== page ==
Most of the universe’s gold, uranium and other heavy elements are generated from rapidly whirling collapsing stars, a new study finds.
The universe’s three lightest elements — hydrogen, helium and lithium — were born in the earliest moments of the cosmos, just a minute or so after the Big Bang. Elements up to iron on the periodic table were mostly forged later, in the cores of stars.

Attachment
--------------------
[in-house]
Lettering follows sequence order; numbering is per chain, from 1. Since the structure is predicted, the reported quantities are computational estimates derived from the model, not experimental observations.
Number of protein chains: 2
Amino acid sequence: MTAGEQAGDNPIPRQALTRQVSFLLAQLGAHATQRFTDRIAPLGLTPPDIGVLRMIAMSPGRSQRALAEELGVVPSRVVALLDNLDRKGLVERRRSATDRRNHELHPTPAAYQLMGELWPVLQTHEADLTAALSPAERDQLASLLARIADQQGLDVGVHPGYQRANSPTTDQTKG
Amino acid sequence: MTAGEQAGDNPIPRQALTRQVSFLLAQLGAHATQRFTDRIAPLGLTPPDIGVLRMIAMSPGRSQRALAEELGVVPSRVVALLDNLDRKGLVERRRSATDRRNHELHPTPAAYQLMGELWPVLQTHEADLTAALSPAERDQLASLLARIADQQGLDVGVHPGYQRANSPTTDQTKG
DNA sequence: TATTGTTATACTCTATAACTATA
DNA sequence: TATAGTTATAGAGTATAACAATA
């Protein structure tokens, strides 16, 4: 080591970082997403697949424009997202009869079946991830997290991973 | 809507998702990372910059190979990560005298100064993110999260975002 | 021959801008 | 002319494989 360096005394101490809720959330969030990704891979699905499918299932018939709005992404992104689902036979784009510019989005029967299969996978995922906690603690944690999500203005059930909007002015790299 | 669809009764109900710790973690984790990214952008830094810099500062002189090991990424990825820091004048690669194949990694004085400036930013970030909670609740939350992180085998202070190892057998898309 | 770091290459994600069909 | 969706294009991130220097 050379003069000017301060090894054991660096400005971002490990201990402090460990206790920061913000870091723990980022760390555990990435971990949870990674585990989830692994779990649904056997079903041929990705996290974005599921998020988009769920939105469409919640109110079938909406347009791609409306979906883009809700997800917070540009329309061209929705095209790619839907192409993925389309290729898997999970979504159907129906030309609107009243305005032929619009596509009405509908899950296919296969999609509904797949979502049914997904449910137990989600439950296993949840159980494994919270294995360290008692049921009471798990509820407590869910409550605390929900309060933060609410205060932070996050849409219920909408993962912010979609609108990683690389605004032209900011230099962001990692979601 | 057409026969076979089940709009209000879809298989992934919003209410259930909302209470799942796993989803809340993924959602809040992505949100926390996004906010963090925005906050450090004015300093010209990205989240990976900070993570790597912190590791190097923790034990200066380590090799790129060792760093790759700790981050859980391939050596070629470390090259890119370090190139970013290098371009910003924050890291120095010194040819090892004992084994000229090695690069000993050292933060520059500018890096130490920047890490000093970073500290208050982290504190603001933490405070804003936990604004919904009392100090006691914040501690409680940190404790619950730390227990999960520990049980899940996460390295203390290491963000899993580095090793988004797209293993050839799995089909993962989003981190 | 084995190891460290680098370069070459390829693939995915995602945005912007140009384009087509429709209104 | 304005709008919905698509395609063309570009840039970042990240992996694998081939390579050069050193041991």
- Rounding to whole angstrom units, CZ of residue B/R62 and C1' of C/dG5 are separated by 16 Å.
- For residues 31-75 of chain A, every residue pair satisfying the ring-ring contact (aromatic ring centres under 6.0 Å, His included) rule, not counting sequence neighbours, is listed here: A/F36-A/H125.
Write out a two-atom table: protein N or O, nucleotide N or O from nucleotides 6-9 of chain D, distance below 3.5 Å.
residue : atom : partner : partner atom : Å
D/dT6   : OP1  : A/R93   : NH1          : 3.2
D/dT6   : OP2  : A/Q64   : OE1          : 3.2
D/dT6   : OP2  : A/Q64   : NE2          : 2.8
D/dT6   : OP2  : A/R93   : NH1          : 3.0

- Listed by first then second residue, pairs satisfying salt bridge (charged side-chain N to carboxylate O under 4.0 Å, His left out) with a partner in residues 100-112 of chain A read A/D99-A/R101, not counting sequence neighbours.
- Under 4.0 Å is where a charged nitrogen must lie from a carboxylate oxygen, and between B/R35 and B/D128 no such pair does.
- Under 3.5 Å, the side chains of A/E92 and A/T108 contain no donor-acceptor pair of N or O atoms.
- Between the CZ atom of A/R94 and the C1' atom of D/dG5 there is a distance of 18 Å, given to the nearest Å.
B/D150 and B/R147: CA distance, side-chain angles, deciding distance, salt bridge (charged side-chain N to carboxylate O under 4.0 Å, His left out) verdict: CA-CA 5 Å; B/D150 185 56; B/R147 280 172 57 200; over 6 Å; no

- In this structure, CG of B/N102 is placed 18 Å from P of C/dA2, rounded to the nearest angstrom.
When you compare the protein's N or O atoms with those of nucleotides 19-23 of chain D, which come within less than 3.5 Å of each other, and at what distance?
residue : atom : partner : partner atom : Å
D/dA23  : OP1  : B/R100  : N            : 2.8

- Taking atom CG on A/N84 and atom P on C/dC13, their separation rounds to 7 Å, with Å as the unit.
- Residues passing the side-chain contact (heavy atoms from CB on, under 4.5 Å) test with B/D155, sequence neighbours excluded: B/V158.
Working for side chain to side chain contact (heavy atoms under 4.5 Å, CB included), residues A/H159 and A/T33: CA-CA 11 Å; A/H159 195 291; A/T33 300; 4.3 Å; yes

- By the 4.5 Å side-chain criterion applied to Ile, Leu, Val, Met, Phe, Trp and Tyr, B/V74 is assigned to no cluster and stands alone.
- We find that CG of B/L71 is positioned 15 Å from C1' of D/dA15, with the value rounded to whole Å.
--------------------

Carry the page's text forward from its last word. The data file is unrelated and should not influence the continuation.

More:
However, the way in which elements heavier than iron on the periodic table, such as gold and uranium, were created has been a long-standing mystery. Previous research suggested a key clue: atomic nuclei often needed to absorb neutrons rapidly, a phenomenon known as the “r-process” for short.
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